Set Designer Sumit Basu
The designers unanimously agreed that it was fun to design for Aamir Khan's character Firangi Mallah. When asked if they took influences from Feste - the court jester from Shakespeare's Twelfth Night and Nath says, "We only took his opera glass as a memoir from the play. We went back to several characters from literature to cull him out. He is jester-like, which is why you will find the parallels."
Nath and Sharma are hopeful that a few inventions made on the film will be used in other films of a similar palette. "There were six departments working relentlessly on the costumes. One of the things we designed were leather jutti-shaped shoes which were moulded on sports shoes to make action comfortable for the actors. When we shot water stunts in Malta, the clothes started losing colour because of the excess chlorine in the water. It was madness," says Sharma. They further explain that as audience, we are used to seeing opulence of the royal variety and so they tried to adopt a different strategy. "For a fantasy world, one need not always wear an 80 kilo zardosi lehenga. Opulence can be established in lighter fabrics, with simple silk aztec work on lehenga," says Nath.
Costume designer Rushi Sharma
While the costume department had the monstrosity of expanse to deal with, art director Sumit Basu, who was also the set designer of Manto, had to build two ships which could float on water. "Getting the correct world was necessary, but building a ship was exhausting. I researched about the working of a ship and studied the wind because we couldn't fake a ship. Making the outline of a ship is easy, but it was a challenge to create a functional deck, especially with the canons in place. We took it a step further by designing the artillery and the weapons were replicated from paintings. No one has experimented like this in Bollywood," said Basu.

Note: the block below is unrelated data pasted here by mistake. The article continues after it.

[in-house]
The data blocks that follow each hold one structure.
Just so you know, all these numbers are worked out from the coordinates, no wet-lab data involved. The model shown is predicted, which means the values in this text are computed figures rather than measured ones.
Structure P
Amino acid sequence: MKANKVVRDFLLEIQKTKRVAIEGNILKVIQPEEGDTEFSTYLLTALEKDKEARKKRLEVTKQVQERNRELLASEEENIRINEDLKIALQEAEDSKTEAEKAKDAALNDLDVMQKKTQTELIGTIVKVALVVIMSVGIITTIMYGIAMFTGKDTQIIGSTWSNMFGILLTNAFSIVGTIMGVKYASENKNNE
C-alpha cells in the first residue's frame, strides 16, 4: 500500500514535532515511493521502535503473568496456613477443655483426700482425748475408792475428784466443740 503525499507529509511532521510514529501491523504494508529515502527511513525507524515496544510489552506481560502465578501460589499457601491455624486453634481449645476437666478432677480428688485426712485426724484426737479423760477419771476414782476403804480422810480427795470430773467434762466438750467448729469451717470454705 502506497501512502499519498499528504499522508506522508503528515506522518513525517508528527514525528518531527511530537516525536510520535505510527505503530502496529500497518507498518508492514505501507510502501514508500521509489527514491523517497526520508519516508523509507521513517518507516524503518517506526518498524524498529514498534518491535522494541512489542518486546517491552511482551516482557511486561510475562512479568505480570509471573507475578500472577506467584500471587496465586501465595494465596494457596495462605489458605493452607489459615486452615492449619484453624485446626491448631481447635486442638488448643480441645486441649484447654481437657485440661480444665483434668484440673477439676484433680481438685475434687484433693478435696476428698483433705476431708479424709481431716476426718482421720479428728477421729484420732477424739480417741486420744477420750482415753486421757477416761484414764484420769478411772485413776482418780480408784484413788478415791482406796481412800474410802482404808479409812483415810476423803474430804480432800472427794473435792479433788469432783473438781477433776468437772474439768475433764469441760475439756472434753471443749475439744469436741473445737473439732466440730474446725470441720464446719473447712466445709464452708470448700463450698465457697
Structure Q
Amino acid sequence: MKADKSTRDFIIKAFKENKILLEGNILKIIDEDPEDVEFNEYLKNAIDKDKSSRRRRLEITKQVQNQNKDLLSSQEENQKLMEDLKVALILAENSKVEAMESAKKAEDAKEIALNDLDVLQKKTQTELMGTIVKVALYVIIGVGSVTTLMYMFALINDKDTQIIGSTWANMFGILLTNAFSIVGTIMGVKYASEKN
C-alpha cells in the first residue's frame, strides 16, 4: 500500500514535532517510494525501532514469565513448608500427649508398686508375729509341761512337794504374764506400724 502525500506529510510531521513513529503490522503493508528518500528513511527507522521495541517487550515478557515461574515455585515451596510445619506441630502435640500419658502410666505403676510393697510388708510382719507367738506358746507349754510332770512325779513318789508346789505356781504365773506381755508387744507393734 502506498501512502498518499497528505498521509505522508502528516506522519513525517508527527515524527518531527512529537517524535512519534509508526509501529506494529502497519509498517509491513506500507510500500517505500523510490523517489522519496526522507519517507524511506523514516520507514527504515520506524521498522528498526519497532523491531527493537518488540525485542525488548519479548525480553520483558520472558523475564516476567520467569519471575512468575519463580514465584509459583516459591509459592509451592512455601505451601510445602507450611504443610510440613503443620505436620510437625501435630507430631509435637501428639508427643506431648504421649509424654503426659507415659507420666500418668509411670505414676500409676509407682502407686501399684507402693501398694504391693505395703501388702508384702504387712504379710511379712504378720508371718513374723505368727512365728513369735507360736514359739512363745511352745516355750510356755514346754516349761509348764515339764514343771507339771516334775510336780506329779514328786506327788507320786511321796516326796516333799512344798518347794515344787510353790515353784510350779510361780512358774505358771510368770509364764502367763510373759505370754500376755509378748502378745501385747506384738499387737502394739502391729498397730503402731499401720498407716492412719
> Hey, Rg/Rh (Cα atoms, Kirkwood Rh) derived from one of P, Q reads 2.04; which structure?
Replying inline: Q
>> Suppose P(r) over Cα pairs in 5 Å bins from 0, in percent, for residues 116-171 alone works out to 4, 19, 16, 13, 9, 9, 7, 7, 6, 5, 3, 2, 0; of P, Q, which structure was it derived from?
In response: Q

In an earlier interview with mid-day, Basu had said that cost was a major concern while building the ship but it was important to maintain authenticity. Basu adds, "Authenticity was our focus. The production house did not cut corners at any point; in fact, they trusted me entirely and never questioned my judgment. Crores have gone into the making of the ships but the product on screen looks worth it."
When asked about the obvious similarities with Pirates Of The Caribbean, and he says, "Pirates was never a reference point for us. In fact, I haven't even watched it or Game Of Thrones. Obviously, there are shows with similar elements - pirates, ships and sea stunts - but that doesn't mean we intended to replicate it. We take it as a compliment than we've achieved a visual worth comparisons."